EU Private International Law

EU Private International Law

Third Edition

Elgar European Law series

Peter Stone

Thoroughly revised and updated, this third edition of EU Private International Law incorporates many developments in legislation and case-law since the publication of the second edition in 2010. Building on the book’s reputation for comprehensive coverage and attention to detail, Peter Stone provides an authoritative and accessible introduction to the subject.

Chapter 5: Protected contracts

Peter Stone

Subjects: law - academic, european law, private international law

Extract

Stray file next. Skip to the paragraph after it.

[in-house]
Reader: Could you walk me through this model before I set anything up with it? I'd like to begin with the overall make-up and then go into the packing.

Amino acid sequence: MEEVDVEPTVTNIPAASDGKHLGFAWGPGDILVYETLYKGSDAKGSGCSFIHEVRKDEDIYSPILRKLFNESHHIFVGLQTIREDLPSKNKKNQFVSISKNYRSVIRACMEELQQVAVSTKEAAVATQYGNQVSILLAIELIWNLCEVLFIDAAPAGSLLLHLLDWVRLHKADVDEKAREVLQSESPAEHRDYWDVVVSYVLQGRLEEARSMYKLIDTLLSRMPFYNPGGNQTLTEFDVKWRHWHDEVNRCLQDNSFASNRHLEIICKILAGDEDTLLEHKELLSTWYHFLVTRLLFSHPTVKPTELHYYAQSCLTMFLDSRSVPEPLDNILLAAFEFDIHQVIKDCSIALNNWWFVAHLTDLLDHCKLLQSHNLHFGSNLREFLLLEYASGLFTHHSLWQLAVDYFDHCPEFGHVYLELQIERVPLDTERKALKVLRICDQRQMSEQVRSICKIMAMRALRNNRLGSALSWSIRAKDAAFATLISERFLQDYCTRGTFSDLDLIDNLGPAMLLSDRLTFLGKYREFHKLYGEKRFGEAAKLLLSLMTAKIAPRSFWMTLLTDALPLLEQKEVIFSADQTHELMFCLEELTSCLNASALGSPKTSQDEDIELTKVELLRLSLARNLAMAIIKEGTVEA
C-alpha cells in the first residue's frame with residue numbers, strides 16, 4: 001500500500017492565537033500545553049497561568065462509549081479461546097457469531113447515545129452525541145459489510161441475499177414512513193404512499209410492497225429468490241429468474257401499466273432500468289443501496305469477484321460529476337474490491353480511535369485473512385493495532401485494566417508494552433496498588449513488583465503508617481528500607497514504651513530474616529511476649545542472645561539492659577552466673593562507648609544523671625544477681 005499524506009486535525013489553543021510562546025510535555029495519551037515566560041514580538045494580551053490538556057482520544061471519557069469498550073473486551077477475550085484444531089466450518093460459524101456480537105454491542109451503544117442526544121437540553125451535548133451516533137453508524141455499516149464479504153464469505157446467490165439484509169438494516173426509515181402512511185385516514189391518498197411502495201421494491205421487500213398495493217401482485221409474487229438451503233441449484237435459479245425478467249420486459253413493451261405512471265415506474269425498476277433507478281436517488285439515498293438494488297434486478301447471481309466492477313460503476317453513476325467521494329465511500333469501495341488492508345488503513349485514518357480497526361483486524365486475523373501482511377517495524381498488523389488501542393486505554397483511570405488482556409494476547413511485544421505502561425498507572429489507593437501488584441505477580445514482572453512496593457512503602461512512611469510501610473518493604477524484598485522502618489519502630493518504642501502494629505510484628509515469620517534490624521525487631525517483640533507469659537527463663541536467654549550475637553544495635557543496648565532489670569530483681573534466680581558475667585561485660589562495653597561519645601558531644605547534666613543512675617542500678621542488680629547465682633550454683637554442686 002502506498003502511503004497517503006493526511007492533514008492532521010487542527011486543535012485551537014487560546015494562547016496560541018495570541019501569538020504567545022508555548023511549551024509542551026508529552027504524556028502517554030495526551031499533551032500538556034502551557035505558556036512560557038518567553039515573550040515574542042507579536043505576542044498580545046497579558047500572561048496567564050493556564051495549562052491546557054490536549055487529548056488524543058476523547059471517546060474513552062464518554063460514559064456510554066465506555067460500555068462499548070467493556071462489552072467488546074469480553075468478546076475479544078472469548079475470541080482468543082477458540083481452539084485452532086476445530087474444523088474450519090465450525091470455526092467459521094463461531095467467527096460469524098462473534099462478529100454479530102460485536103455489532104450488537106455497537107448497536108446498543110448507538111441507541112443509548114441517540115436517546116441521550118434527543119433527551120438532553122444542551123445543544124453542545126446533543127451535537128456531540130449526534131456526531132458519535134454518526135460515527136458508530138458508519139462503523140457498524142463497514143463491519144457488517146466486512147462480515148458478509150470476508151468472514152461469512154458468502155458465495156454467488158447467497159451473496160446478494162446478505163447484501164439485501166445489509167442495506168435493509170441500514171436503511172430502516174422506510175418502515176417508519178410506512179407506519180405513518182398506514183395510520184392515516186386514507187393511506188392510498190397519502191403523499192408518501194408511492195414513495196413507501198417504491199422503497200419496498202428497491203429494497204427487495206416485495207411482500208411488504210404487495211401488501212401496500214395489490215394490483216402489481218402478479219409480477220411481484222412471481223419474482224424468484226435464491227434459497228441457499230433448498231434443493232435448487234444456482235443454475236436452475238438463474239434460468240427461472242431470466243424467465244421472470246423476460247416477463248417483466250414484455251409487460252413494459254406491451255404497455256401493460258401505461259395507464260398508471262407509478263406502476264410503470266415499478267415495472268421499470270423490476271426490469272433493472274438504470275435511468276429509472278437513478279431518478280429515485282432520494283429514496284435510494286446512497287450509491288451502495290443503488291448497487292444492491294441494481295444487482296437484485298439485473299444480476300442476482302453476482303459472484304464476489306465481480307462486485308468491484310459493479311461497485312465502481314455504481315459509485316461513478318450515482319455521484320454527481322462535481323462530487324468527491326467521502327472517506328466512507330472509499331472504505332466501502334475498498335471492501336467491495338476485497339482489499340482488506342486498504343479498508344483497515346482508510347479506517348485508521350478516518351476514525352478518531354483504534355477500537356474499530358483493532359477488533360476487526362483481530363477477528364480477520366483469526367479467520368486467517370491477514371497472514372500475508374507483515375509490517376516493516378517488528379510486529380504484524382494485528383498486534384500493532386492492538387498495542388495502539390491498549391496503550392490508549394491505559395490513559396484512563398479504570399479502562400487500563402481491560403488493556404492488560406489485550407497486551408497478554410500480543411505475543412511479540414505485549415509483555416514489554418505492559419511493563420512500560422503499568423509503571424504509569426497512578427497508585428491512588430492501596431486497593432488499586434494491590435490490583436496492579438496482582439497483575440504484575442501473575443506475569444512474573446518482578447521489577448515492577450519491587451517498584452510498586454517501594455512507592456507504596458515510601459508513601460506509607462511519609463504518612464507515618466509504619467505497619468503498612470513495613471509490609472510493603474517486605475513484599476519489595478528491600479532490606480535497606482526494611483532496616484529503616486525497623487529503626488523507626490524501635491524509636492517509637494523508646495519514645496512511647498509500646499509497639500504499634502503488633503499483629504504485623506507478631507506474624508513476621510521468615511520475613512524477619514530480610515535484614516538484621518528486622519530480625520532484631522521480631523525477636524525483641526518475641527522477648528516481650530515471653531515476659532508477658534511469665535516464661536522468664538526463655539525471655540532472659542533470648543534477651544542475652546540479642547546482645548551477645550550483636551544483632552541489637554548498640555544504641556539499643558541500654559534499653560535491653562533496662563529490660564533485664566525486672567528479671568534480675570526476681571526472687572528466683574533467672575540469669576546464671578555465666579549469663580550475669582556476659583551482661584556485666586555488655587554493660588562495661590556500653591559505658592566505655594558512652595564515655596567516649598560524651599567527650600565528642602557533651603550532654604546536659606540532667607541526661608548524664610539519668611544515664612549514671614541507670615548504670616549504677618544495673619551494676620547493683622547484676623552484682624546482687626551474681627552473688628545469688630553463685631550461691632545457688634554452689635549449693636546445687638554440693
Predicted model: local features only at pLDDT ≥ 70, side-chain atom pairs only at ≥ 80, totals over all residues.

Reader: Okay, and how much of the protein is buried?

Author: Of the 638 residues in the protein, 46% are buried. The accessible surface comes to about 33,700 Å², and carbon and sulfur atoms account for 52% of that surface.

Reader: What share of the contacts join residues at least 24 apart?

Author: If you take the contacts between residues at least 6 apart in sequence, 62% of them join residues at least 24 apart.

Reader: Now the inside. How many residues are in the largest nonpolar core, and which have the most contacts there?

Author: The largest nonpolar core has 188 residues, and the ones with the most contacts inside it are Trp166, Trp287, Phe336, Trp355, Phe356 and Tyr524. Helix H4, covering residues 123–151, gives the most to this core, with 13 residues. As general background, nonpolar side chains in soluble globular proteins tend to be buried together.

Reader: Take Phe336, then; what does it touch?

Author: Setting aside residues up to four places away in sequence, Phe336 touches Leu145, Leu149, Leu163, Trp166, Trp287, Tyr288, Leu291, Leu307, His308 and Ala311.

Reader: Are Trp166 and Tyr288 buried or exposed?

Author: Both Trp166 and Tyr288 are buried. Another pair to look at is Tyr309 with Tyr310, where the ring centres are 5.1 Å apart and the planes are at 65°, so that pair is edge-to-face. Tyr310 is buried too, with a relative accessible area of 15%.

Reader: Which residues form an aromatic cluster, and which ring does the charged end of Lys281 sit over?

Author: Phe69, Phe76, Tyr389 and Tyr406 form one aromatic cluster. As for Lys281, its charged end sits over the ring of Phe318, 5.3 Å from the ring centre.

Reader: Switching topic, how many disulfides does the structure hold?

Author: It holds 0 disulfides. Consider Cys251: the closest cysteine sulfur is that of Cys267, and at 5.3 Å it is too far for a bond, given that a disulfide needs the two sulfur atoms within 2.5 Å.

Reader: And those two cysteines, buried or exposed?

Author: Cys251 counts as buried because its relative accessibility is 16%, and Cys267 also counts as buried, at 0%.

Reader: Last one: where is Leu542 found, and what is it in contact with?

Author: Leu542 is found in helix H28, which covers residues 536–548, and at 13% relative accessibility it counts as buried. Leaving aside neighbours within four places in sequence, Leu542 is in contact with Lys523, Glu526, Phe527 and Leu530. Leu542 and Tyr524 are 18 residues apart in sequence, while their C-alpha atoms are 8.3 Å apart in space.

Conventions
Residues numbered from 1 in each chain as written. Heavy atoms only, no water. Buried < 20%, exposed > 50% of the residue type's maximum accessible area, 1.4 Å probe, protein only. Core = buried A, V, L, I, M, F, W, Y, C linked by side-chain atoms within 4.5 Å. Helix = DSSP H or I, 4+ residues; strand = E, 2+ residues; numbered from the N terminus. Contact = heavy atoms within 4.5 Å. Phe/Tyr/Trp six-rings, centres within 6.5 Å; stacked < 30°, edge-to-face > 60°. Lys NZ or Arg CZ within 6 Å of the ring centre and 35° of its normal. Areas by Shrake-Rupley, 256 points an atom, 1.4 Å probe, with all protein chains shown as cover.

Chapter II of the Brussels I Regulation lays down special rules on jurisdiction in respect of three types of contract: insurance contracts,consumer contractsand contracts of employment. Recital 18 to the revised version explains that, in relation to insurance, consumer and employment contracts, the weaker party should be protected by rules of jurisdiction more favourable to his interests than the general rules. Accordingly these provisions offer the weaker party (the policy-holder, consumer or employee) a wide choice of fora in which to sue the stronger party (the insurer, supplier or employer), while limiting the fora in which the stronger party can sue the weaker party and invalidating contrary agreements in respect of future disputes save in exceptional cases. Moreover, at the stage of recognition and enforcement of judgments under Chapter III, the protective policy is reinforced by Article 45 of the revised version, which prevents recognition and enforcement where the original court accepted jurisdiction over a weaker defendant in contravention of the protective provisions. In many cases the protective provisions apply even if the defendant is not domiciled in a Member State. Thus by Articles 11(2), 17(2) and 20(2) (ex Articles 9(2), 15(2) and 18(2)), where an insurer, supplier or employer is not (under the normal rules) domiciled in any Member State, but has a secondary establishment in a Member State, and the dispute arises from the operations of the secondary establishment, the insurer, supplier or employer is treated as domiciled in the State in which the secondary establishment is situated.

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